You just talk about the personnel.  [Jaromir] Jagr was over in Europe for the past three years so he hasn't seen [James] van Riemsdyk or [Claude] Giroux, he hasn't seen some of these guys.  So you just talk about what type of players they are and about the defense we have and how we play.  He obviously knows Bryz.  Really I was just answering his questions. He was just trying to make up his mind and he had a decision to make and he had a lot of questions to be answered, and I just answered them for him."

Q: Physically how do you feel and how much do you have left in the tank?

"Again, I don't really know that you could say I was breaking down, with broken bones and being hit by pucks and all the rest of that. Those are all the things that can sometimes be avoided.  Perhaps now I may not block as many shots. I may just get out of the way and let our million dollar goaltender stop those things."

Q: I guess I am just asking what your durability is?

"Well, if I'm going off of last year I guess I would call myself a band aid.  But I've got many other years where you could say I wasn't a band aid. Sometimes you just have years where things don't go your way. It was a quick turnaround last year... I played hurt in the playoffs, and had surgery, and was kind of set back in my training, and for whatever reason I had a couple bad breaks along the way and then the back came in.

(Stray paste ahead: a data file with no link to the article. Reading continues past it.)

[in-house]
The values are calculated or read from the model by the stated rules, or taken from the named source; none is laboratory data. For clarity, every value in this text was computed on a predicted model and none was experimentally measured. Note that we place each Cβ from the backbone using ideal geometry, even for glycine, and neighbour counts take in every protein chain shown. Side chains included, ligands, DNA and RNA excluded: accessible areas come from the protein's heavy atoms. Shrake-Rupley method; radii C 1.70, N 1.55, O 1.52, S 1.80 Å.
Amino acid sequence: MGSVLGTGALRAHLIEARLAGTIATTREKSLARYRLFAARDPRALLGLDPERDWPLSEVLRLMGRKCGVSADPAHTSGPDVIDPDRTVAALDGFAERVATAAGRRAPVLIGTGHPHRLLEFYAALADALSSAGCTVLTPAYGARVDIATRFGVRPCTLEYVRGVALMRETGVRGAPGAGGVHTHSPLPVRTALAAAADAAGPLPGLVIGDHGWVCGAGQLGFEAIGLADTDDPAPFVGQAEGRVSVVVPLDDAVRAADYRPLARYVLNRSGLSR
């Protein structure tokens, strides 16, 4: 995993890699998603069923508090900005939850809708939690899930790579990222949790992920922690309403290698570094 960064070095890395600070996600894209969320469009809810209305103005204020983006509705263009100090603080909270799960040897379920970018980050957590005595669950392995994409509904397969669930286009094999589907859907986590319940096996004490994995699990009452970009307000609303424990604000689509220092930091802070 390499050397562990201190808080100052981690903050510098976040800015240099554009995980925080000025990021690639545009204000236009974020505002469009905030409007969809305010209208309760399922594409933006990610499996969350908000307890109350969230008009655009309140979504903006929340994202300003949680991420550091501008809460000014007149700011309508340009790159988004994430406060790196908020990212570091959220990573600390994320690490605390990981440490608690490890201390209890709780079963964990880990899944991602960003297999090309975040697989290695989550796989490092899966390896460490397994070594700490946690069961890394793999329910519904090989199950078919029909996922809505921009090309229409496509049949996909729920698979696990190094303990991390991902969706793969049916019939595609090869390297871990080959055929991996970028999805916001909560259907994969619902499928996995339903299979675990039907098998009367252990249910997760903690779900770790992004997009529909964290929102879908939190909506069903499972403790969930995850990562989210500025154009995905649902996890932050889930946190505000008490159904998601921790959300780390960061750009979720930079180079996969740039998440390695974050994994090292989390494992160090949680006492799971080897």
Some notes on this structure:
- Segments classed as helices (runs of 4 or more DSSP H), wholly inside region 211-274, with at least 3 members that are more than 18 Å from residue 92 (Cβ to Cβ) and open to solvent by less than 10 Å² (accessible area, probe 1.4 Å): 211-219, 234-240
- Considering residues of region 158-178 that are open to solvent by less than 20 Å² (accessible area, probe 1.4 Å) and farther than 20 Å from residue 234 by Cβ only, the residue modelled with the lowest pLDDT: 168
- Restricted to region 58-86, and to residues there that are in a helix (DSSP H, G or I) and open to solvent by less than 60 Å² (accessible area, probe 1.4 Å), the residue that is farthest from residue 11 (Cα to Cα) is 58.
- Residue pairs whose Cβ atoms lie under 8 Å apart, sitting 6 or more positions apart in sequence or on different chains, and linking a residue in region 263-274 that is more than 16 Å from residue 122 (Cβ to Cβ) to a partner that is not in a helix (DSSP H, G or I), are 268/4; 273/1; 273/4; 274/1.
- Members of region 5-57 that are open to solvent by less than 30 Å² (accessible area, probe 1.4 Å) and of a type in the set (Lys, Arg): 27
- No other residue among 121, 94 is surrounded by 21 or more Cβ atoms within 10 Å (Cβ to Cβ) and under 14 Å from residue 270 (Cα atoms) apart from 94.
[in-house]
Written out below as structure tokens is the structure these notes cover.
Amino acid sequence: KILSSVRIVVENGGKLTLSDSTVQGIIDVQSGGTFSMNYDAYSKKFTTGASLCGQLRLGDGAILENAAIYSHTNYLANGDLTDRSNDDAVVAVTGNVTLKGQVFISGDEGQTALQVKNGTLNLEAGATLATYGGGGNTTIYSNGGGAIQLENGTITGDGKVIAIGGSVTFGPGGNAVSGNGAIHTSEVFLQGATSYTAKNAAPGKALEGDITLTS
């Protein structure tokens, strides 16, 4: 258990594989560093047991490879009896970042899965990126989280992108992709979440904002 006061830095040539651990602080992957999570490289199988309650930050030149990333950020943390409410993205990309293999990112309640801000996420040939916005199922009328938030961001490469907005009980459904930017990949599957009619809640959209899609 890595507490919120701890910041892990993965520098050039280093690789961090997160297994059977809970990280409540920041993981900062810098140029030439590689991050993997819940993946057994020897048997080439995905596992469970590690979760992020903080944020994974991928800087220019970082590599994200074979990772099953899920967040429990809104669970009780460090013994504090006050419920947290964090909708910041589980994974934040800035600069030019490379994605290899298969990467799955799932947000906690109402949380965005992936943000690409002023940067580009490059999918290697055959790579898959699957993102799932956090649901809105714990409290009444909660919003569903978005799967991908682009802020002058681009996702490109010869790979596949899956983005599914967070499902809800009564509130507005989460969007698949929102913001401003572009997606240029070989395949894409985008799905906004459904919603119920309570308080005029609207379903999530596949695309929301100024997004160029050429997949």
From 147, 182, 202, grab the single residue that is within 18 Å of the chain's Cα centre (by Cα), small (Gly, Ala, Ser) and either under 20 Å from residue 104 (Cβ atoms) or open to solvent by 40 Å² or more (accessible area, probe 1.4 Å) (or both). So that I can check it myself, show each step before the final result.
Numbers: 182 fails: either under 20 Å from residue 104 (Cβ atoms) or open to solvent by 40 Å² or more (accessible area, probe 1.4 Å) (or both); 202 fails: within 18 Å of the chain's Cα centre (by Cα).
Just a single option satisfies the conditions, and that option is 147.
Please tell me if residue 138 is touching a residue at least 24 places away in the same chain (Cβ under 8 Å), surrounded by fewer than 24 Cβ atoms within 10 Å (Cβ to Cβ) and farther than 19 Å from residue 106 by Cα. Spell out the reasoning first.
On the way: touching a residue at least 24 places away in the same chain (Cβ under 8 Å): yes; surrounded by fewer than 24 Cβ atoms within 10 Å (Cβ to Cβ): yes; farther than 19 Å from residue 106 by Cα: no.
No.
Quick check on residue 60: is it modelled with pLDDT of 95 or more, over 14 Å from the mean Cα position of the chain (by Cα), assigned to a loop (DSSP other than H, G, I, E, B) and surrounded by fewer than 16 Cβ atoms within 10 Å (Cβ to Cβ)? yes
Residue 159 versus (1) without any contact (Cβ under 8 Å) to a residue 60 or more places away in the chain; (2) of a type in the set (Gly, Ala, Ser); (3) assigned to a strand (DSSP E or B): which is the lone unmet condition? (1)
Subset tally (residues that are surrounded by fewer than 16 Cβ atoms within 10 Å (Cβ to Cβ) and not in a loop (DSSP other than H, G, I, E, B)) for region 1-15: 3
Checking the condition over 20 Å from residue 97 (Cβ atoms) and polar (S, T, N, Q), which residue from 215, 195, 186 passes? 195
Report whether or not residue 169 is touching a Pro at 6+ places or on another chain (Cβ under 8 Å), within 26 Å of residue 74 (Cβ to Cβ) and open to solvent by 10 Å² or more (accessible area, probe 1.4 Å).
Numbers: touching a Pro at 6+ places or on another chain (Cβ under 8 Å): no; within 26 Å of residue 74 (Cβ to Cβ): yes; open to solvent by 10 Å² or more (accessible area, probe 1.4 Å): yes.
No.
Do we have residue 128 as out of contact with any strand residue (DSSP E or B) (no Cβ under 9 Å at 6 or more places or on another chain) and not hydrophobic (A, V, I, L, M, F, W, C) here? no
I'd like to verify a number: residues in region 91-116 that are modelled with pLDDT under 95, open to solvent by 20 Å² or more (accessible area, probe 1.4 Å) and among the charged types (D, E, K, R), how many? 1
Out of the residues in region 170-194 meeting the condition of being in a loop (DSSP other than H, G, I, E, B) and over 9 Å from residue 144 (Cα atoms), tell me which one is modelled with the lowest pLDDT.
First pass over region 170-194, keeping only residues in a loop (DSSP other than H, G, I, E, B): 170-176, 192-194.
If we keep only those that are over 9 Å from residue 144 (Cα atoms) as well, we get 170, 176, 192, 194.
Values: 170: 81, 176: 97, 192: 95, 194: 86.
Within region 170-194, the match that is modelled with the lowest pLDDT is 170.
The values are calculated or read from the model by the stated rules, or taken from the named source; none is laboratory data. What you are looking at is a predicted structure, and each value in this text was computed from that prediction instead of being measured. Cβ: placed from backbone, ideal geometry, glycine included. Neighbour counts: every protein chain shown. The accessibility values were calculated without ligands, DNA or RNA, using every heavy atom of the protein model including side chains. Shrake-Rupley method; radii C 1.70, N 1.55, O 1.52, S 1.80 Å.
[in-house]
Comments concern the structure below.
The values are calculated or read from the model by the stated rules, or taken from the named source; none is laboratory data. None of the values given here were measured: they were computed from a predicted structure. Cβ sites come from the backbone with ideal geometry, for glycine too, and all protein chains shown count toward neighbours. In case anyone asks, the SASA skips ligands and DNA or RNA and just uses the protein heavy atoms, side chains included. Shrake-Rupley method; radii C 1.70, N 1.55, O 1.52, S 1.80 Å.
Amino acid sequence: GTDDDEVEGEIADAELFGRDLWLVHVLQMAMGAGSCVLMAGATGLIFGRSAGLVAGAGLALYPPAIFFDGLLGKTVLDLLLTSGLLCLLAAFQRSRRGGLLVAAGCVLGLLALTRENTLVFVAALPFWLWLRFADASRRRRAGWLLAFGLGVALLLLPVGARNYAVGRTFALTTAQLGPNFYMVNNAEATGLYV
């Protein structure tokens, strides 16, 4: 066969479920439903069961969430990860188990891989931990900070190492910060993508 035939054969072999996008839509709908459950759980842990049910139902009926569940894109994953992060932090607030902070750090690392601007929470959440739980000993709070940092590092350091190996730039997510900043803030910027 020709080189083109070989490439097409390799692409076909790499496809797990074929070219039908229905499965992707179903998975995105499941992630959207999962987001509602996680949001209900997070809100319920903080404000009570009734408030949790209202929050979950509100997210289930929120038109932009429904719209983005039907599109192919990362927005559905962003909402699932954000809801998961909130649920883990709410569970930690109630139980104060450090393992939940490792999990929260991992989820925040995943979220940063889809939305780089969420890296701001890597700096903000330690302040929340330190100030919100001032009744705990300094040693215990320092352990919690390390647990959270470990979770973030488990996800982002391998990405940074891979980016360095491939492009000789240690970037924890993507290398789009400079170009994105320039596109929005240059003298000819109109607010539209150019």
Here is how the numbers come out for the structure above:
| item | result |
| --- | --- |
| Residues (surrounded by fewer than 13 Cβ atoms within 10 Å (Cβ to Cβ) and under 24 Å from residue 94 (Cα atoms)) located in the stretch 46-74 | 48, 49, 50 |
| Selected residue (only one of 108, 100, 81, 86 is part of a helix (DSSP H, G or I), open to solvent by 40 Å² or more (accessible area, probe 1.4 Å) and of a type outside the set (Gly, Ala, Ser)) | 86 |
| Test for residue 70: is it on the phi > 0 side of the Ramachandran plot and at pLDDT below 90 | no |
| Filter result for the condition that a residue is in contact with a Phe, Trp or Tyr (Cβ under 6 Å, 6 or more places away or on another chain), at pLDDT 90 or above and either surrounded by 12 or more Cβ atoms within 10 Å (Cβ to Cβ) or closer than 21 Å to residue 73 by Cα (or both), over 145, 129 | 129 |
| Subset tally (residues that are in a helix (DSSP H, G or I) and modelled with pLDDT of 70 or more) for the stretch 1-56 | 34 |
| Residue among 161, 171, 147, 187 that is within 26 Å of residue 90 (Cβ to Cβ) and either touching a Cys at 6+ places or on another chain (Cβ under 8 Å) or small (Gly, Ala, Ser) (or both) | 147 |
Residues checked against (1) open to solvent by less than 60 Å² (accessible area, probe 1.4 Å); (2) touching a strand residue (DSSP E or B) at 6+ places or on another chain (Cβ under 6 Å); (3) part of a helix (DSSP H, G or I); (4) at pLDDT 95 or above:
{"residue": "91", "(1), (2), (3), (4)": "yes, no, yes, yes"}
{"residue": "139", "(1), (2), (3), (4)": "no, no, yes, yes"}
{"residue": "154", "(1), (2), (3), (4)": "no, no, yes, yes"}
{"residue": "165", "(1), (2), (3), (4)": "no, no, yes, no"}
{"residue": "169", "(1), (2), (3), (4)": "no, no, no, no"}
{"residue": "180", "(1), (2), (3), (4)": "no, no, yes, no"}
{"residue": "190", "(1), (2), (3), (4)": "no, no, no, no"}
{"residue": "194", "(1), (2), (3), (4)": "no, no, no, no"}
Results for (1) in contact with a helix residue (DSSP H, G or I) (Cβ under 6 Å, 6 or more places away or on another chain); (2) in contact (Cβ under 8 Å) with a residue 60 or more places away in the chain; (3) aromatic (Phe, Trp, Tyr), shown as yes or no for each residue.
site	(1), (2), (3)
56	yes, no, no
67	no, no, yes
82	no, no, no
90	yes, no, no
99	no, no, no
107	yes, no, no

I don't really know what happened with my back, if it was just a ticking time bomb or what. I don't think anyone really knows how they hurt their back. I would like to think I'm past all of this, but again, we'll see how I react once I start lifting weights and pushing myself a little bit harder."

Q: Did that make it even more important to take your time with this? I am sure you talked to other players who have gone through some things like this and the remedy is to take your time.

"Yeah, I think all along I have told Homer, I told Lavi, I told you guys and anyone that's asked that I'm gonna take my time and make sure I was doing everything that was necessary rehab-wise and what, not whether it be rest or recuperation or whatever it is, to make sure whatever injuries I did have last year were going to be healed up and fully healed and allow me to be healthy whenever it was that I started skating and began playing again, that I was going to be able to go 100% and not look back."

Q: Do you think as much time as you missed last year might have re-energized you?

"Sometimes it can. You have to use the time wisely.  For the first little while I couldn't do anything because of my back, for the first 6 weeks anyway. ... everything else to recover as well - where you're not running the bike, lifting weights, and doing all the rest of the stuff that normally you're already back doing.  You're able to allow your body to hopefully fully recover.  I like to think that taking that much time off will allow me to fully heal up and recover and be able to play another 82 game season.

Thanks as always to Flyers PR for the transcript.